Holiday Curriculum Helps Energize Homeschooling

A holiday curriculum can complement a homeschooling program and help children develop a sense of commonality with the world.

However, just coloring  hearts, shamrocks, and bunnies can wear thin after a time and doesn't meet the intellectual needs of older students.

Therefore, I've searched for a wide range of materials that will support parents and enrich children's education. As always, comment and share your suggestions to help me make these pages even better. 

Where Do Ideas Sprout?

Since I homeschool as well, my sons need the same sort of enrichment that a holiday curriculum can provide to stay in the learning groove. Plus, as they become older, candy cane coloring pages just don't work anymore.

With that in mind, I researched St. Nicholas and other Christmas traditions around the world. That's why the free Christmas curriculum page is already built.

I didn't really think of making this a regular page until this week. Since there are 23 holidays listed below, not all of the pages are live yet. My next goal is St. Valentine's Day, so check back. 

The Olympics are not really a holiday curriculum, but they are a special event. Here is a page that provides many links to Olympics educational materials for your children's enrichment.

The curriculum lessons that your children can learn by watching these young competitors achieve their goals after years of hard work can and will serve as quiet inspiration to help them achieve their goals in life. 

The life of Michael Phelps was particular inspiration to my boys since we love swimming, so we made sure to watch as many of the events as possible from London. 

I also used this as an opportunity to teach the boys about Mark Spitz's comeback in the 1972 Olympics. People with high goals must strive vigorously to attain them, and the Olympics can help teach this.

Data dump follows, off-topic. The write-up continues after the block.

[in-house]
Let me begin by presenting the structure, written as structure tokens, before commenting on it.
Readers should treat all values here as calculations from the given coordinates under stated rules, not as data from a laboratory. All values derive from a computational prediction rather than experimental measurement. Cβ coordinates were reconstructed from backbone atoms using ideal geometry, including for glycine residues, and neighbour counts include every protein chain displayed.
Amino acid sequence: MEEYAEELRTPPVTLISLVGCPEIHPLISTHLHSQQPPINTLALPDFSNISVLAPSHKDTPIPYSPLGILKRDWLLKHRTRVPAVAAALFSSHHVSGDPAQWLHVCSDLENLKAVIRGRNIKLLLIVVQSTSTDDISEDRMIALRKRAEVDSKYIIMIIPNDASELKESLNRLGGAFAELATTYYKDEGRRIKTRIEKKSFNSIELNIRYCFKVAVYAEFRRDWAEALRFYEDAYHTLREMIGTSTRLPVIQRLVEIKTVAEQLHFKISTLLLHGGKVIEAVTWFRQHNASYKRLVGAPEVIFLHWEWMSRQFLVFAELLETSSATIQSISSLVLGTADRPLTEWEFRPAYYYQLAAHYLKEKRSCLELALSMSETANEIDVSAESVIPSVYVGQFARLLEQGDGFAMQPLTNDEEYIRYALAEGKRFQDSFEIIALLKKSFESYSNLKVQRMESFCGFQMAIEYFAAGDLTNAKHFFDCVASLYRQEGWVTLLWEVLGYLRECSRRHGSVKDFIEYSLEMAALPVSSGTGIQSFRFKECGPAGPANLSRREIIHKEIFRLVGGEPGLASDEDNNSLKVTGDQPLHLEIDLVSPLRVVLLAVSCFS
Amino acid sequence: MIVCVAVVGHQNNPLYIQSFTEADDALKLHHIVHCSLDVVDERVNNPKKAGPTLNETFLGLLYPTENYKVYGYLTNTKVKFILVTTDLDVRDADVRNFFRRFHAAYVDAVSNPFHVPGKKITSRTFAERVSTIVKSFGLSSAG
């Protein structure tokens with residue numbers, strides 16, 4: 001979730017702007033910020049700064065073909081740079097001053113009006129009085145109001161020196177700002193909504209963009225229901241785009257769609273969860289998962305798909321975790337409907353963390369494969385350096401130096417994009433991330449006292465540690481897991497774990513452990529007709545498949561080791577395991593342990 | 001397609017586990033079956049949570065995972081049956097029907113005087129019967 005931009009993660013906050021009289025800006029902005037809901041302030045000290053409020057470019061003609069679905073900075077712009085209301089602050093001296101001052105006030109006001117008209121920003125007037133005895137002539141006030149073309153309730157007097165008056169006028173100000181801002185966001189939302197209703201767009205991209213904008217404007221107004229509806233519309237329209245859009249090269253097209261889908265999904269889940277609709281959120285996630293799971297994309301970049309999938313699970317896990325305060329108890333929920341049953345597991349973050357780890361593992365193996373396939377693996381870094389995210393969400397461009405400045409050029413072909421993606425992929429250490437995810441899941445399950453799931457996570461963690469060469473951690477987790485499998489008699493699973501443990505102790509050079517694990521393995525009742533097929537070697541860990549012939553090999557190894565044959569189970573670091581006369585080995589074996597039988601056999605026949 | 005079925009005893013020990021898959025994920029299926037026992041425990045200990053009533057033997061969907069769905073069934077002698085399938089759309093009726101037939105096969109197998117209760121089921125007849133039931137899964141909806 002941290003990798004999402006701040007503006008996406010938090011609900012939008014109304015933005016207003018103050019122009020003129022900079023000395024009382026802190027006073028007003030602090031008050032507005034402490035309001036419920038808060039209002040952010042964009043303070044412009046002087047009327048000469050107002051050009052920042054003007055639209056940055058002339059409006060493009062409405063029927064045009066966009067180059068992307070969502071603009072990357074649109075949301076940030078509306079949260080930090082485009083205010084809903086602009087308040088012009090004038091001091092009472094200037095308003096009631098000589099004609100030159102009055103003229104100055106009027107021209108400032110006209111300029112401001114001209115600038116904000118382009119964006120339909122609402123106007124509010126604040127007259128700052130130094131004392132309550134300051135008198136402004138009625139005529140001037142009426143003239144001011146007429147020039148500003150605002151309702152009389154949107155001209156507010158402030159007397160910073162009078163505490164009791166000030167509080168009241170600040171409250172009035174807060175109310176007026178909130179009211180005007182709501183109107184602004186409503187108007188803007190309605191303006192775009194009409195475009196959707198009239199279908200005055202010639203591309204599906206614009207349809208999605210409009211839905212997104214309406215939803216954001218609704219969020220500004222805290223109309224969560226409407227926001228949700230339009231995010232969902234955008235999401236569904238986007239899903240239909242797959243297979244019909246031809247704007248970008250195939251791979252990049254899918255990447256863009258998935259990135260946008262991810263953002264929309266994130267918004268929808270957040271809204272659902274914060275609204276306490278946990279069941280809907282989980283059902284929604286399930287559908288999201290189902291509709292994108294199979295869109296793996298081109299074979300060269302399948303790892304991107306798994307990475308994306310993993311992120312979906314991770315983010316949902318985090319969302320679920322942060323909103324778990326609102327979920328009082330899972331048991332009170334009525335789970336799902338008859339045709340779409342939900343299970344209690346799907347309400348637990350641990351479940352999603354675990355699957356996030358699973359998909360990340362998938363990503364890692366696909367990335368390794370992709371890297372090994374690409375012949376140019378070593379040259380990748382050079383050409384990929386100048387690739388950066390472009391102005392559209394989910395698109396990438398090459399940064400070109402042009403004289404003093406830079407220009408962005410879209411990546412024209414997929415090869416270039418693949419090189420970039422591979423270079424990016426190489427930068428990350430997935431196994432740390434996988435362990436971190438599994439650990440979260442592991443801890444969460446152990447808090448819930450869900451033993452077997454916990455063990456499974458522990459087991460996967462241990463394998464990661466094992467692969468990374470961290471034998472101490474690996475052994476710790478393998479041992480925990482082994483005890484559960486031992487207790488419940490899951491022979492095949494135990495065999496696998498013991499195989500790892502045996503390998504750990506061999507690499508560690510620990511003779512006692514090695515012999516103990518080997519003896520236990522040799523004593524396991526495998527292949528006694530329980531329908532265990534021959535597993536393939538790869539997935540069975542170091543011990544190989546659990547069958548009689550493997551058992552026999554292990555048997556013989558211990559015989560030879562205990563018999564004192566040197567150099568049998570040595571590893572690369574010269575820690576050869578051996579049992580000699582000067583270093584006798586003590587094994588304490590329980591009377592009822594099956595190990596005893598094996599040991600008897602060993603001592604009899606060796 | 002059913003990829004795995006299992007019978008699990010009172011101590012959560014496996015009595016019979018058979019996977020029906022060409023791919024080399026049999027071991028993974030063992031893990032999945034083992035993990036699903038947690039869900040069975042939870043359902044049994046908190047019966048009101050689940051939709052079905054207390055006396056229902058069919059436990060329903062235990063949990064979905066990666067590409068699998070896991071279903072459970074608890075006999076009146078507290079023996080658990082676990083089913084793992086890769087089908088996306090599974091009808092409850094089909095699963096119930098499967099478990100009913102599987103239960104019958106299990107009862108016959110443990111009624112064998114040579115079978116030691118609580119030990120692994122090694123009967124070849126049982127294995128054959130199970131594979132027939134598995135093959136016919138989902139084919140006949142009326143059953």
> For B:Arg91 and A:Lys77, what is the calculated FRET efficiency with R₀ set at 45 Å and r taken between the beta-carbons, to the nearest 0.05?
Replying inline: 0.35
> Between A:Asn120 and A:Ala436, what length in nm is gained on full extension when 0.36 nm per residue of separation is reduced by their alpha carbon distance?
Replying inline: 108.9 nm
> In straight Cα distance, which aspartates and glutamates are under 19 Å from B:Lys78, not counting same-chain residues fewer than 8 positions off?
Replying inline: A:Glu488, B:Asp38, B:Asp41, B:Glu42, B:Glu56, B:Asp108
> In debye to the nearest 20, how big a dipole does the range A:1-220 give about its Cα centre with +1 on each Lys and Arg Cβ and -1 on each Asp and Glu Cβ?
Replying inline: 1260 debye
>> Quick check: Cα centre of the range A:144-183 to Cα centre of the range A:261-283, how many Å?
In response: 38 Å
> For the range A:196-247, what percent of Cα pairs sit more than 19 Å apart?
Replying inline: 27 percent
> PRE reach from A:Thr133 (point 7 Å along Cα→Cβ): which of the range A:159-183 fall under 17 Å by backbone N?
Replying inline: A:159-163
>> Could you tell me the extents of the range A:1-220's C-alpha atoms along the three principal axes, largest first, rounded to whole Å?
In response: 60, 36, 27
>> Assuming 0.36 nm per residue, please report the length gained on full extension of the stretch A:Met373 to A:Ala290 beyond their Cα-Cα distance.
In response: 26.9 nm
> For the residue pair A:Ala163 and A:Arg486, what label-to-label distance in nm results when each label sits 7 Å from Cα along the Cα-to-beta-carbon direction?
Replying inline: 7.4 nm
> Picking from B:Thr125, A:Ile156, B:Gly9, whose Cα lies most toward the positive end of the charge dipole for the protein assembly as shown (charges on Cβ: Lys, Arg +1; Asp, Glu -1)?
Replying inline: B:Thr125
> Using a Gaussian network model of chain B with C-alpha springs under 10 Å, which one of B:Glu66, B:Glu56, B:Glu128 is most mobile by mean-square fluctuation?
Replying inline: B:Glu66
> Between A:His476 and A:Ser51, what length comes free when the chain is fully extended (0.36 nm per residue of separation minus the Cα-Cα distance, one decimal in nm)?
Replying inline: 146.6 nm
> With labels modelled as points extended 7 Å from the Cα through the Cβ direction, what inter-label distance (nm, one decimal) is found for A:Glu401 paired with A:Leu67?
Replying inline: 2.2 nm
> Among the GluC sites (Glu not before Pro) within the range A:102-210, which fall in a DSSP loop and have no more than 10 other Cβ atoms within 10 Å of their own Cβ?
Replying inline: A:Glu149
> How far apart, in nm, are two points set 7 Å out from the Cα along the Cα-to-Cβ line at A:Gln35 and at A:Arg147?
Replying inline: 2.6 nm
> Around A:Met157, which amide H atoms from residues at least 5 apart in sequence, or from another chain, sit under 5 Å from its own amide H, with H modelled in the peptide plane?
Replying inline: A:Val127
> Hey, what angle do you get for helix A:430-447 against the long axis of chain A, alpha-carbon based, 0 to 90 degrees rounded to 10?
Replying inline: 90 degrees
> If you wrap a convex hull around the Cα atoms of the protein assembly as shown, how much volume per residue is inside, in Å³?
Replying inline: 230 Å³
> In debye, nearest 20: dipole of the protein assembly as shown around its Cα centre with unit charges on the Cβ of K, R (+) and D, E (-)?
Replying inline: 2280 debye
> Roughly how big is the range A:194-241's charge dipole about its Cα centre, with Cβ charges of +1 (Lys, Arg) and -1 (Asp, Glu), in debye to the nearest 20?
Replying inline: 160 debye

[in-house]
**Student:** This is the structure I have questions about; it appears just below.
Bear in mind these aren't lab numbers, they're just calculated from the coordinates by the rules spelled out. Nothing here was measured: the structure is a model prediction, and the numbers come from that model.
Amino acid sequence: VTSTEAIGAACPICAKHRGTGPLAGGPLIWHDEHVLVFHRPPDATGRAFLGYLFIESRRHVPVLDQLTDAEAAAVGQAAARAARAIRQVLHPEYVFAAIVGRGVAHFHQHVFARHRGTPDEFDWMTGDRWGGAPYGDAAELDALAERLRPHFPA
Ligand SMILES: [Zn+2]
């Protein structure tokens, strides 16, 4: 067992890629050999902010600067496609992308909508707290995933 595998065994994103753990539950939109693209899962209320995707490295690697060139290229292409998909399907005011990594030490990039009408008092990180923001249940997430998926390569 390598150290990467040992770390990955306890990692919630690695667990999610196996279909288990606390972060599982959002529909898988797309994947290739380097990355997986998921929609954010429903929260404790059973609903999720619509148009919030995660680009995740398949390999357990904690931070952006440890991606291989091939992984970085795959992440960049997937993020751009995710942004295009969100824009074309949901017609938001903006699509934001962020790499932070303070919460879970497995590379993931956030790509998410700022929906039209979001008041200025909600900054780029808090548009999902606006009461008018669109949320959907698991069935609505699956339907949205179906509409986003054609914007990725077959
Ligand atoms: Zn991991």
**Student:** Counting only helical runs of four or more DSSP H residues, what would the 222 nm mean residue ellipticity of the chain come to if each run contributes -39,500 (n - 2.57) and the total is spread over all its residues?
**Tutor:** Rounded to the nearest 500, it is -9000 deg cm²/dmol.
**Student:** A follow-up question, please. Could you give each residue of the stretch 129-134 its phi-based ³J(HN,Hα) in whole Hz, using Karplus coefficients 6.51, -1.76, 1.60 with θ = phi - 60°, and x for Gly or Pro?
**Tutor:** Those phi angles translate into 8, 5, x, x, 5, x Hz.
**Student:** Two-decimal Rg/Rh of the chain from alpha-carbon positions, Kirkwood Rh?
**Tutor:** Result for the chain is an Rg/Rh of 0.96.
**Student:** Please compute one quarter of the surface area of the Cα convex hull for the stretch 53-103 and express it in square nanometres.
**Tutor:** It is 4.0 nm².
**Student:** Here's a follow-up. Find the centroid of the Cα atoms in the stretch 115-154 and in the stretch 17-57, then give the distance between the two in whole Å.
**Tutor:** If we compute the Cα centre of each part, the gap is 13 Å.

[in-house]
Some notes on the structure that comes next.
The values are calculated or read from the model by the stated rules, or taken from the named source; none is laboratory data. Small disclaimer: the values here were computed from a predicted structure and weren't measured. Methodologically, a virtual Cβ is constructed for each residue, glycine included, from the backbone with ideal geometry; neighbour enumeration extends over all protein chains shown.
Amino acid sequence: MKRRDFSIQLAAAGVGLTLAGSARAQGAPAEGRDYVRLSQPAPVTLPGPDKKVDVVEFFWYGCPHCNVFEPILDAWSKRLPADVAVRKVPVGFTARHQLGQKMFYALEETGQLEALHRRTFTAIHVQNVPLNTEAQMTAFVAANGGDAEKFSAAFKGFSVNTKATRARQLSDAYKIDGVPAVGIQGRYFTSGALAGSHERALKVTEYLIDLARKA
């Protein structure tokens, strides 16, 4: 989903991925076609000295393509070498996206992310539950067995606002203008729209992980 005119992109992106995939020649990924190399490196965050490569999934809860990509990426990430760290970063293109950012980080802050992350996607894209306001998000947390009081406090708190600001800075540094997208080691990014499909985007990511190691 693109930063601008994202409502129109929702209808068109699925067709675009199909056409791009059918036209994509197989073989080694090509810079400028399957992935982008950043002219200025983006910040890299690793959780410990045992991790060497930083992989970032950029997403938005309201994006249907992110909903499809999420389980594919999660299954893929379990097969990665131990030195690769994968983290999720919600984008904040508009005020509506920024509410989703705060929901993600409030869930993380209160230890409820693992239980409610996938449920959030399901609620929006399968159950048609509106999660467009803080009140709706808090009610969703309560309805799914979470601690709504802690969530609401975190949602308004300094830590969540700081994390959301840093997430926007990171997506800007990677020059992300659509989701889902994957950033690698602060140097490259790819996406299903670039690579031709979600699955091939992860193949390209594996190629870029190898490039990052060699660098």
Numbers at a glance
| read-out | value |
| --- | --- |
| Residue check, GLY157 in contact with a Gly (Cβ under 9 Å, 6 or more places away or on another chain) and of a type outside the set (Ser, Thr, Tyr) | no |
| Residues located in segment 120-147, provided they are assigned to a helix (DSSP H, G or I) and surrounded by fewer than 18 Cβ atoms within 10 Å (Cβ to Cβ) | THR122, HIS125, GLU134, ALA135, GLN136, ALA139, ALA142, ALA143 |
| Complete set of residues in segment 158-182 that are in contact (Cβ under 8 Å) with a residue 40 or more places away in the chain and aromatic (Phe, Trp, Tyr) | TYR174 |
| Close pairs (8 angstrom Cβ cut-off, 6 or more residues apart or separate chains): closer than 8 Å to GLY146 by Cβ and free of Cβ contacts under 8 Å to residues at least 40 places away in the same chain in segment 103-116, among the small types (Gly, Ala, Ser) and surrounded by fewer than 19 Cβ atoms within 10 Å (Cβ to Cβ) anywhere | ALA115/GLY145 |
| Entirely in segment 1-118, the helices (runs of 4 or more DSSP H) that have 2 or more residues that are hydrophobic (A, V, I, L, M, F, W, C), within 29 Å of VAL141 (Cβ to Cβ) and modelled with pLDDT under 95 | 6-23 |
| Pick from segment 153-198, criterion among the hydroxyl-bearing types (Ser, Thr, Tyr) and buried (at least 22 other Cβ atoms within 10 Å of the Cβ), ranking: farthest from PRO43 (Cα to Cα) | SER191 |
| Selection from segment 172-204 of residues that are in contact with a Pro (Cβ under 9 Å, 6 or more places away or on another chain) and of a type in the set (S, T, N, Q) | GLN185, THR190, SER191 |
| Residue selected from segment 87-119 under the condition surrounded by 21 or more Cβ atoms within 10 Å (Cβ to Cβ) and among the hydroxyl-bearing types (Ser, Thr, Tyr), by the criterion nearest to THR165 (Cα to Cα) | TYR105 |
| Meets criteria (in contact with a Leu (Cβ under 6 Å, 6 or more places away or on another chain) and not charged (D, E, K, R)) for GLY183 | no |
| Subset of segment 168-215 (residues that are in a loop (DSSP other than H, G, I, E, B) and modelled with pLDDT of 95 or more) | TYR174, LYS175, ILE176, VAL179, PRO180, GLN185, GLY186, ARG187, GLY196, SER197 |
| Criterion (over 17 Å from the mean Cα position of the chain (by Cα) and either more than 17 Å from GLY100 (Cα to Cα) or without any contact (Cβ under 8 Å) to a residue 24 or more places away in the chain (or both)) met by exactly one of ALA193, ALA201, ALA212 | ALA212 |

Here is another video detailing the history of the Olympics. It's pretty interesting. 

Photo by Chris Boles

Holiday Curriculum -Worldwide Holidays


  • 1st - New Year's Day 




  • 5th - Easter 
  • 22nd - Earth Day


  • 1st - May Day
  • 11th -Mother's Day (2nd Sunday around the world)


  • 15th - Father's Day 


  • 4th - Independence Day (around the world)


  • 1st - Labor Day



  • 1st - All Saint's
  •  2nd - All Soul's Day
  •  27th - Thanksgiving Day (strickly American, but a rich history) 


  • 17th - Hanukkah
  • 25th - Christmas Day
  • 26th -  Kwanzaa
  • 31st - New Year's Eve

The majority of these holidays are celebrated throughout the world. By emphasizing worldwide holidays, your children will learn that people share similar bonds.

By studying that New Year's Day is celebrated by eating donuts in Holland, and black-eyed peas and collard greens in the southern United States, children will not only learn about other people, but also geography and history through these holiday adventures.  

And one more thing, even though the Fourth of July is America's Independence Day, each country has a similar celebration to mark its freedom from some other nation, so look for opportunities to learn about freedom fighters and revolutionaries from this page.

It's a small world and incorporating a bit of holiday curriculum will teach them this. 

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